While America has the world’s largest economy, it also has massive disparities in health outcomes. This issue has been well documented, going back as far as the 2002 report: Unequal Treatment: Confronting Racial and Ethnic Disparities in Health Care This report showed that even when controlled for health insurance type, income, access to the same doctor, and need for treatment, outcomes are different for African Americans (AA) – and often drastically so. While this report made health disparities a priority, the statistics remain staggering.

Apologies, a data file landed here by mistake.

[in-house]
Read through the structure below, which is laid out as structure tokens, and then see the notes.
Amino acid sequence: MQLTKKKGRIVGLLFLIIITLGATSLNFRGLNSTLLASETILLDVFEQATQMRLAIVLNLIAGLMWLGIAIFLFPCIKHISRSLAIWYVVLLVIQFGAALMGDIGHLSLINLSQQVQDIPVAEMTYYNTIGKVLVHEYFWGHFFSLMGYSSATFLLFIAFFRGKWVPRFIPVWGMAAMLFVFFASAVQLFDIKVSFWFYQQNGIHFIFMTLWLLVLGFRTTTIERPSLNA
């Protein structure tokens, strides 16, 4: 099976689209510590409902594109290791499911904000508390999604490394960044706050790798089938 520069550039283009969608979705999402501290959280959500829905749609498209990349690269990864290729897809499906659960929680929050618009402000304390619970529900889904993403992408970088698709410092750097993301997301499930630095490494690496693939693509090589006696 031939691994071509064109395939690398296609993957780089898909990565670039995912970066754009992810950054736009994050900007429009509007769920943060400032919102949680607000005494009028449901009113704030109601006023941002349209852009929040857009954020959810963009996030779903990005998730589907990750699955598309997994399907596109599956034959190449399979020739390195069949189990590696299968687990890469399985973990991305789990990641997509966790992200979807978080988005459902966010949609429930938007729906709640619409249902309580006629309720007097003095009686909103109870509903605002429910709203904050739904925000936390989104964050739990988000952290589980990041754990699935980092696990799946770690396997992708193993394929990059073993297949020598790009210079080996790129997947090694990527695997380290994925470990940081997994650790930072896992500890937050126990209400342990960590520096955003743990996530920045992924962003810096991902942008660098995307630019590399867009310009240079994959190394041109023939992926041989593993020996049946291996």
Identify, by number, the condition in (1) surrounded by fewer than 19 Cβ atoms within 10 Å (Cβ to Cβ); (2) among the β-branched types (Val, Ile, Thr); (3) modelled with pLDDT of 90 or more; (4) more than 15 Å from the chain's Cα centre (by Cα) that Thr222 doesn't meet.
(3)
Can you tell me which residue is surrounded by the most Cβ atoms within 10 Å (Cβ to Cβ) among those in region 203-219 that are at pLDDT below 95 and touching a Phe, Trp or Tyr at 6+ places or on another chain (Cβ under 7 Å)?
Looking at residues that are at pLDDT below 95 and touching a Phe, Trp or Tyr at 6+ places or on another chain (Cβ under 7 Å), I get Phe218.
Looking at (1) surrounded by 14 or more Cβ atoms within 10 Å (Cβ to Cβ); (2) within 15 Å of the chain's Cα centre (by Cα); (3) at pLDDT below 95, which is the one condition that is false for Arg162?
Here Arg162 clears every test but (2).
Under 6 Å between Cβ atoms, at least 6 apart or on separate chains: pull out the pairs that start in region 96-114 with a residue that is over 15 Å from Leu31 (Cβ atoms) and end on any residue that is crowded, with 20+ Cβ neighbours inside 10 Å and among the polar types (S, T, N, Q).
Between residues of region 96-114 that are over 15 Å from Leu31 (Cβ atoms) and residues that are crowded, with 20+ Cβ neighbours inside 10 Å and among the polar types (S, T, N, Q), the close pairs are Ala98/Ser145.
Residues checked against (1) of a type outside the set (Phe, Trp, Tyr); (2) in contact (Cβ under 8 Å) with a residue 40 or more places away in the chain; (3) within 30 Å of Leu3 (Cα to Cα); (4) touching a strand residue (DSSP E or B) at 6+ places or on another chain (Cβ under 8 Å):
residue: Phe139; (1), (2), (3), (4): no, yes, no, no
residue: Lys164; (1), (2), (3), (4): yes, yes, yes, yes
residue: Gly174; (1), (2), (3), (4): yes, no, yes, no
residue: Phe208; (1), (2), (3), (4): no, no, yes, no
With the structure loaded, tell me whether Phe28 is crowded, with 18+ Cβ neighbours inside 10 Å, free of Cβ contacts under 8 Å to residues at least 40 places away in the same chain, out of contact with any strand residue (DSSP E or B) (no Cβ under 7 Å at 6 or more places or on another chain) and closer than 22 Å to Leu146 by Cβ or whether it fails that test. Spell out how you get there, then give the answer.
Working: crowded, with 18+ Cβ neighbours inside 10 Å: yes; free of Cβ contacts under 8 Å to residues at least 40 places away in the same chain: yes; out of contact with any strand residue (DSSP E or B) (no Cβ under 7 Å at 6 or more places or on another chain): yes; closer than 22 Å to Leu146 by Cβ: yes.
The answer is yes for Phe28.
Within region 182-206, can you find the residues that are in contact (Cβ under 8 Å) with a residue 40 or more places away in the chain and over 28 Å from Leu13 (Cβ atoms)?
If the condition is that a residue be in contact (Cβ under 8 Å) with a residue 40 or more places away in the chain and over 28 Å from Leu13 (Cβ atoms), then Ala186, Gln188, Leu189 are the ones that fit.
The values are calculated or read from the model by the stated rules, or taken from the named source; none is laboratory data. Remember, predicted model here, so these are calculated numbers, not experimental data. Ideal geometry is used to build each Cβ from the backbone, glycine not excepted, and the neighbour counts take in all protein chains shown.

When compared to Non-Hispanic whites (NHW), African Americans (AA) have higher rates of:
- Type 2 diabetes prevalence (12.7% vs 7.4%)
- retinopathy (26.5% vs 18.2%)
- peripheral arterial disease,
- and mortality rates (98 vs 38 per 100,000).
They’re also less likely to receive preventive care or have HIV infections. So what’s going on here?
In honor of #MinorityHealthMonth. we decided to do a little digging into the underlying issues. Specifically, structural inequality and social determinants of health. Our latest white paper unpacks health disparities and assesses our impact on closing the gap for better health outcomes in the deep south.